What I've always admired about Rawn is her ruthlessness to her characters. They're given tough choices and touch circumstances. It's not fluffy by any means, so they have a chance to really grow and change, which always makes for interesting reading. She also has no problem with spending ages and ages creating characters, giving them a history, background, family, etc., and then killing them off three books later. Again, it gives the feel of a war. For readers of the Dragon Prince trilogy, there are some hard deaths to take. It's really tough reading about these characters go from peaceful happiness to once again fighting a war.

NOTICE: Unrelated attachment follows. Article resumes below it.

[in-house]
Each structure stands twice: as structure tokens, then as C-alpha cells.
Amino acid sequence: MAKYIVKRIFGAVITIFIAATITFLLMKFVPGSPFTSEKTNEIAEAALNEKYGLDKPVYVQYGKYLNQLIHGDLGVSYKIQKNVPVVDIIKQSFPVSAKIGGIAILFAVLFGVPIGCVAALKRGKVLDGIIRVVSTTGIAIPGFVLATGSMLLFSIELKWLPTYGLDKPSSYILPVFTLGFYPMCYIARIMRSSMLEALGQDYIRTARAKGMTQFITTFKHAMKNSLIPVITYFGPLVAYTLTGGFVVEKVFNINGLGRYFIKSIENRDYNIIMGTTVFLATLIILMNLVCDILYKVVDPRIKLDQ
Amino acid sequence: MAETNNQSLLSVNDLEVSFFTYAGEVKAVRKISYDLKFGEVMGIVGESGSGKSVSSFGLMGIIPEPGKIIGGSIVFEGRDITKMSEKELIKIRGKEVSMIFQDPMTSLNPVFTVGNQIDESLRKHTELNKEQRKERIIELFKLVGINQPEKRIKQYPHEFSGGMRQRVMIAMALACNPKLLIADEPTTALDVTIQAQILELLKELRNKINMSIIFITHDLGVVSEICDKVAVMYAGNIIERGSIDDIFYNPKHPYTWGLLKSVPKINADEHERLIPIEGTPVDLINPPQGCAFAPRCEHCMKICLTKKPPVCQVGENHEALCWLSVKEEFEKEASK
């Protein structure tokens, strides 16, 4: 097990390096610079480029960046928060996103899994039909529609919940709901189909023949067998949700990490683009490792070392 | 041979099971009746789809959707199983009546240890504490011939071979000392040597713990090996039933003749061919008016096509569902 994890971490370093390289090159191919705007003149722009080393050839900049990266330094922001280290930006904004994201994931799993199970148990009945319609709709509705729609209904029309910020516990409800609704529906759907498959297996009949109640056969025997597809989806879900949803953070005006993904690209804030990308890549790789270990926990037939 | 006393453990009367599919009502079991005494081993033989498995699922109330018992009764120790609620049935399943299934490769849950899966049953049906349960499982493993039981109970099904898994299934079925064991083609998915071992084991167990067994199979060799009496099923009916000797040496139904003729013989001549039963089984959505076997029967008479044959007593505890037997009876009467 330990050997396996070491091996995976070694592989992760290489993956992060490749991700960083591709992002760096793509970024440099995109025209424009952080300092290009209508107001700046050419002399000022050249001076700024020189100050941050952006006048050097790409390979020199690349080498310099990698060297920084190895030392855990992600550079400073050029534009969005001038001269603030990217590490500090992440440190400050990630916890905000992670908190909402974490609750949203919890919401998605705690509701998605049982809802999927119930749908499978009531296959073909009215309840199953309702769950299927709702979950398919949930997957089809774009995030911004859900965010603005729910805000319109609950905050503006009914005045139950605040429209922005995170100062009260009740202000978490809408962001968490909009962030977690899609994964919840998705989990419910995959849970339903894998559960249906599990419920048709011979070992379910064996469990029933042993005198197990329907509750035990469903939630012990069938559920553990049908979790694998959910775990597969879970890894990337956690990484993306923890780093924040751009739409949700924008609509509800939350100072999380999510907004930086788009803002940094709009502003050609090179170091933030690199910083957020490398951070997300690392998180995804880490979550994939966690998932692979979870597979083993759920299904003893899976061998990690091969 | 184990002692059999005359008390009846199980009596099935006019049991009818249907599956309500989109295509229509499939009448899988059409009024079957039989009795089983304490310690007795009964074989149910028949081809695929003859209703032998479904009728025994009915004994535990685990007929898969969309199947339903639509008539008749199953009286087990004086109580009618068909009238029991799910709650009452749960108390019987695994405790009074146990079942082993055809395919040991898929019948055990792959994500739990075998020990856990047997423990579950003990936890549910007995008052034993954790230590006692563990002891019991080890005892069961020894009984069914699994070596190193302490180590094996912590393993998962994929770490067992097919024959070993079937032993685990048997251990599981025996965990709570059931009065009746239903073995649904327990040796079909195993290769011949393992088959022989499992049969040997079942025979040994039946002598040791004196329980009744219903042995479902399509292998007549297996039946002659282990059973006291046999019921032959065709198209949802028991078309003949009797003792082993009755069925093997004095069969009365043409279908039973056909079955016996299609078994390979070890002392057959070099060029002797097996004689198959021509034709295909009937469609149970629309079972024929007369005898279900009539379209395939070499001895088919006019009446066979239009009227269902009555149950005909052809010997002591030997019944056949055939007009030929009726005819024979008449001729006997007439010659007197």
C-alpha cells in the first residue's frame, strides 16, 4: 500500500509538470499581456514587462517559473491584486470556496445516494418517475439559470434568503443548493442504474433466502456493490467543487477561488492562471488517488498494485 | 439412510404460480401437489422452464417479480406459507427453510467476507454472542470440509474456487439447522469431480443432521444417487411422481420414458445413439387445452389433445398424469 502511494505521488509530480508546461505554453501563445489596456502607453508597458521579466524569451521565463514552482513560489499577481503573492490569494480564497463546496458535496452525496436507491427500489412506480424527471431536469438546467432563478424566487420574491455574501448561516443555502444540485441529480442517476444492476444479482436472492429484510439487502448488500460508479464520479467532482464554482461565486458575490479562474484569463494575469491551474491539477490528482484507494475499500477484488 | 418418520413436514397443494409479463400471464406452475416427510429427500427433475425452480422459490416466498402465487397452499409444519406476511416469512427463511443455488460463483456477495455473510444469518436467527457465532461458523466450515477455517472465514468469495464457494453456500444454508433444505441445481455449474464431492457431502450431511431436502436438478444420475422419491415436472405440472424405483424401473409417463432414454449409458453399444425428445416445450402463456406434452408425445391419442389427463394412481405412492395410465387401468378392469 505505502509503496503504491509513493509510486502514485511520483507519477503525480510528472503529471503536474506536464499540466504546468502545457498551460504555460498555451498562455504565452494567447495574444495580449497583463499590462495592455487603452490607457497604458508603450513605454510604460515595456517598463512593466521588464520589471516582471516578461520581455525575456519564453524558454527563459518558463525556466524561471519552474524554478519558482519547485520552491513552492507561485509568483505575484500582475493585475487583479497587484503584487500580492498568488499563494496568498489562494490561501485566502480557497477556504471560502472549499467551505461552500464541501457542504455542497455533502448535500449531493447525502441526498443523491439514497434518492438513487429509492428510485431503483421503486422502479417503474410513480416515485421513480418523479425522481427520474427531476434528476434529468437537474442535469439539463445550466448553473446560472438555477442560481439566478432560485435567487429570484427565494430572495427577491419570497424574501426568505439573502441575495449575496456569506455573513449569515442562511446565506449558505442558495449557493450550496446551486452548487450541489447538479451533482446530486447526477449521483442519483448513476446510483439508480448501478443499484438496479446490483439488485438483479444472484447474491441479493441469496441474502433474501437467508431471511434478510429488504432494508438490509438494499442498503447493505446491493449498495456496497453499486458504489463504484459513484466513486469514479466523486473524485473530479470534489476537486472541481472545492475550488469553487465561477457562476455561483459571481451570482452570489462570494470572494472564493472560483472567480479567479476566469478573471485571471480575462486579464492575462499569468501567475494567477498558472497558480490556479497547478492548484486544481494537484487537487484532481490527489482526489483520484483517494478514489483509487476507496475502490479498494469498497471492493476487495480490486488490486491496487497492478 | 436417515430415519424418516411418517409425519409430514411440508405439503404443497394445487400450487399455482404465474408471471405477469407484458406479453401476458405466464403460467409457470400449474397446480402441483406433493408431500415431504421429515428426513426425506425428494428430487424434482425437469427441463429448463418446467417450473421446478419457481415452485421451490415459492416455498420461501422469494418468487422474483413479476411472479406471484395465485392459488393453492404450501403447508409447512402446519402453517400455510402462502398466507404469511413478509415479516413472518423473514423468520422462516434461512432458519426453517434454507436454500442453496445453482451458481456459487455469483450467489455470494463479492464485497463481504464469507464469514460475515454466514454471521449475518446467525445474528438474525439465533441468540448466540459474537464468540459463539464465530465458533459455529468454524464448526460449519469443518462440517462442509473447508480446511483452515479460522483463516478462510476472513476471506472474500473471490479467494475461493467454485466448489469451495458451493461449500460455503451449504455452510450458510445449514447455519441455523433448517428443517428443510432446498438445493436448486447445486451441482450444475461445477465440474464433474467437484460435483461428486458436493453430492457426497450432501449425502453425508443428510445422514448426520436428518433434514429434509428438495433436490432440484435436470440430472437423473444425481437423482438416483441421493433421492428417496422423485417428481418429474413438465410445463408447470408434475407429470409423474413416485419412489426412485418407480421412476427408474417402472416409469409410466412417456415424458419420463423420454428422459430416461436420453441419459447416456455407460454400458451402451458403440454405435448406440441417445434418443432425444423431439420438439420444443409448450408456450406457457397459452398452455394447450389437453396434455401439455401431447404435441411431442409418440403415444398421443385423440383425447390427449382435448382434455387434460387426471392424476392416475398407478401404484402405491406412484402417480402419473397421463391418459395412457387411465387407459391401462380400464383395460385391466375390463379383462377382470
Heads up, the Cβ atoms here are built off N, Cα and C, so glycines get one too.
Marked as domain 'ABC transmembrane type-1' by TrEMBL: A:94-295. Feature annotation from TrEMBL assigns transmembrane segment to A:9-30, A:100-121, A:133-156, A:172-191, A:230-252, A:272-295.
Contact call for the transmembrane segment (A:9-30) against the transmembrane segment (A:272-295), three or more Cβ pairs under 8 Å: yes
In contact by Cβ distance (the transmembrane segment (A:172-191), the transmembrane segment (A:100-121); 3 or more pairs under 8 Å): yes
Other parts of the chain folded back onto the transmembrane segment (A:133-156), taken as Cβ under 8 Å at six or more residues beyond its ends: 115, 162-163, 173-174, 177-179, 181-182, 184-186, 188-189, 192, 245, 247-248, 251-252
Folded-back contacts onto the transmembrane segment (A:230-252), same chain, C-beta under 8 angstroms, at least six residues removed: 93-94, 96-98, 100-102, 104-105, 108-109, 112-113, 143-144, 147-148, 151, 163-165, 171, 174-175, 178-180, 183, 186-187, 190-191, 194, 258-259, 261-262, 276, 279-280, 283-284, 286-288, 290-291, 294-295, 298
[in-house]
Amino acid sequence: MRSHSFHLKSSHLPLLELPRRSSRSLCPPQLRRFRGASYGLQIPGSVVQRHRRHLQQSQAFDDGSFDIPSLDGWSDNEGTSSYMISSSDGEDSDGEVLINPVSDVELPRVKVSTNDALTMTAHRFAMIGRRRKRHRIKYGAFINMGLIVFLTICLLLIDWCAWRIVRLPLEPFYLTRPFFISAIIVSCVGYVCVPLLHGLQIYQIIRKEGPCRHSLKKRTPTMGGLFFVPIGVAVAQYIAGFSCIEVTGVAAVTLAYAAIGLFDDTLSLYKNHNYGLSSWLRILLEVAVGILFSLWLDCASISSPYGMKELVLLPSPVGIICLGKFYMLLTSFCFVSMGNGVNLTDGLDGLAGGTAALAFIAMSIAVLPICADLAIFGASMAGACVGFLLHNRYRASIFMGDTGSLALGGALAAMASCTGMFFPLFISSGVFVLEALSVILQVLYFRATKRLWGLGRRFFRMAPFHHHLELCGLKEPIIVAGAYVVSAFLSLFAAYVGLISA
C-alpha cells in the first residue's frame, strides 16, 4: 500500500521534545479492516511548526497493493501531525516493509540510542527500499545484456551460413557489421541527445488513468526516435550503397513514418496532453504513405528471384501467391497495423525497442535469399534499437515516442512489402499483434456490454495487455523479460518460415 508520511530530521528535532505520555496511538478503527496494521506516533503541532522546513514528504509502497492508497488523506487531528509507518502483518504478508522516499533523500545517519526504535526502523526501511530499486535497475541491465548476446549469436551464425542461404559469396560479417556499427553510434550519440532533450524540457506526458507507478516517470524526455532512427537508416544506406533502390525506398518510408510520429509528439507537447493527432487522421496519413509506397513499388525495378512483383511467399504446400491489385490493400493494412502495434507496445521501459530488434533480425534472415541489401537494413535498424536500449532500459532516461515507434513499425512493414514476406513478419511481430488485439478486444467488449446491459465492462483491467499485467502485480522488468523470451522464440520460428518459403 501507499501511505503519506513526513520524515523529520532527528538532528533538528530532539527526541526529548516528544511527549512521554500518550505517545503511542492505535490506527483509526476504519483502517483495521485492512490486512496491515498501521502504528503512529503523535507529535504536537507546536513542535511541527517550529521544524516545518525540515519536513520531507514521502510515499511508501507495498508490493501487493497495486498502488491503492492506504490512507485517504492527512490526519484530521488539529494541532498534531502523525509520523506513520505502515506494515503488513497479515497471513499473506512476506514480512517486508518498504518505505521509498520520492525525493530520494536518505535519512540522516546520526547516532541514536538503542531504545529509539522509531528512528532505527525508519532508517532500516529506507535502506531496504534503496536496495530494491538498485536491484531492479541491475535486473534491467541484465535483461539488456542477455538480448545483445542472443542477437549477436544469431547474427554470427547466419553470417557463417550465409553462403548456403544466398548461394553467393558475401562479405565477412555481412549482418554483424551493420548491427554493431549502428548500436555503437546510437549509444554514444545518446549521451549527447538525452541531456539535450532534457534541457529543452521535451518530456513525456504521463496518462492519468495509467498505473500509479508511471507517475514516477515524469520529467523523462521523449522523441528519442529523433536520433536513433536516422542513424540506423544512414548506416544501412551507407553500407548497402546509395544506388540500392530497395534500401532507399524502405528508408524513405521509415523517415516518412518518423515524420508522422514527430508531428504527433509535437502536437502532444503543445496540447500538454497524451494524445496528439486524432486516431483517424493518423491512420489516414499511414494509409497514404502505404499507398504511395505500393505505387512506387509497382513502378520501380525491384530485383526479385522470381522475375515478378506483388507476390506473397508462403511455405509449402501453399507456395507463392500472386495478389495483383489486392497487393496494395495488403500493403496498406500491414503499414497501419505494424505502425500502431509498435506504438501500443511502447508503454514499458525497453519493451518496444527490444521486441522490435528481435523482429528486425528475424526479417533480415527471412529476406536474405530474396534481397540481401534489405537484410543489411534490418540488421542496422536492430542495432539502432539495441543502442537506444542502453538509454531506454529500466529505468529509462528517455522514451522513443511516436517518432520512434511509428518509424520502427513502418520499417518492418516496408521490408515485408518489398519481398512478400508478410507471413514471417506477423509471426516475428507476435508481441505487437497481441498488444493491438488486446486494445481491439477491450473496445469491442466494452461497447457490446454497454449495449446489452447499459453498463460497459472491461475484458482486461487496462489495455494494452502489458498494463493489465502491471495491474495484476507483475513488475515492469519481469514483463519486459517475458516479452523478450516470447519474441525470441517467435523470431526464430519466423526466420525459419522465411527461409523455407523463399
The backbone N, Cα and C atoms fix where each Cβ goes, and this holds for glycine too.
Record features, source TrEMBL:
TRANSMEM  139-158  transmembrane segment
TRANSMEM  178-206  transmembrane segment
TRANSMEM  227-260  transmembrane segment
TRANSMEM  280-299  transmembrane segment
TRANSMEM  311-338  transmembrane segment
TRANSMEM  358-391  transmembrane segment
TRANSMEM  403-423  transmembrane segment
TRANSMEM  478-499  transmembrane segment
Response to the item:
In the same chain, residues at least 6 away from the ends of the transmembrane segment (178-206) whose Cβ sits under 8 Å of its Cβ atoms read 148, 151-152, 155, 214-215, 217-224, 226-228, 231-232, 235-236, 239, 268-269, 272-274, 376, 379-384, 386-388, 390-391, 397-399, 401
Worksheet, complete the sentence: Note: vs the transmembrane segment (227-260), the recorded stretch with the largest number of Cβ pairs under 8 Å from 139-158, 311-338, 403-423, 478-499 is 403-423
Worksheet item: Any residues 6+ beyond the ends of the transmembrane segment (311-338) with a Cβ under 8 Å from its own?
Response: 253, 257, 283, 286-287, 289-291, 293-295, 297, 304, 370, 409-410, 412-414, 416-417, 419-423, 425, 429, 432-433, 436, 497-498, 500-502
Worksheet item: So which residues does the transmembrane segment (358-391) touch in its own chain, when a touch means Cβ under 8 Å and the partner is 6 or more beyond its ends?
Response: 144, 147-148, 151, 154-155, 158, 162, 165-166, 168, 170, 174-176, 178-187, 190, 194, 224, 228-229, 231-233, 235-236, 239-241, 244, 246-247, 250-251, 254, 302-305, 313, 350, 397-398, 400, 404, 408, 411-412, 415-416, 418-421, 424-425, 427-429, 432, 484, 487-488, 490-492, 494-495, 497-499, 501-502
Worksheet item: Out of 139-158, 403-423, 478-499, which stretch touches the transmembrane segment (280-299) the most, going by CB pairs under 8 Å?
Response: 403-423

The ending is a bit of a cliffhanger, and I'm glad I have the second book at hand so I can see what's going to happen next. For fans of high fantasy, if you haven't yet come across Melanie Rawn, I would definitely suggest you give her a try. (Start with Dragon Prince, and don't go near her Ruins of Ambrai series. It's unfinished and will probably remain so.) For those who have already read the Dragon Prince trilogy, pick this one up. It's a definite must-read.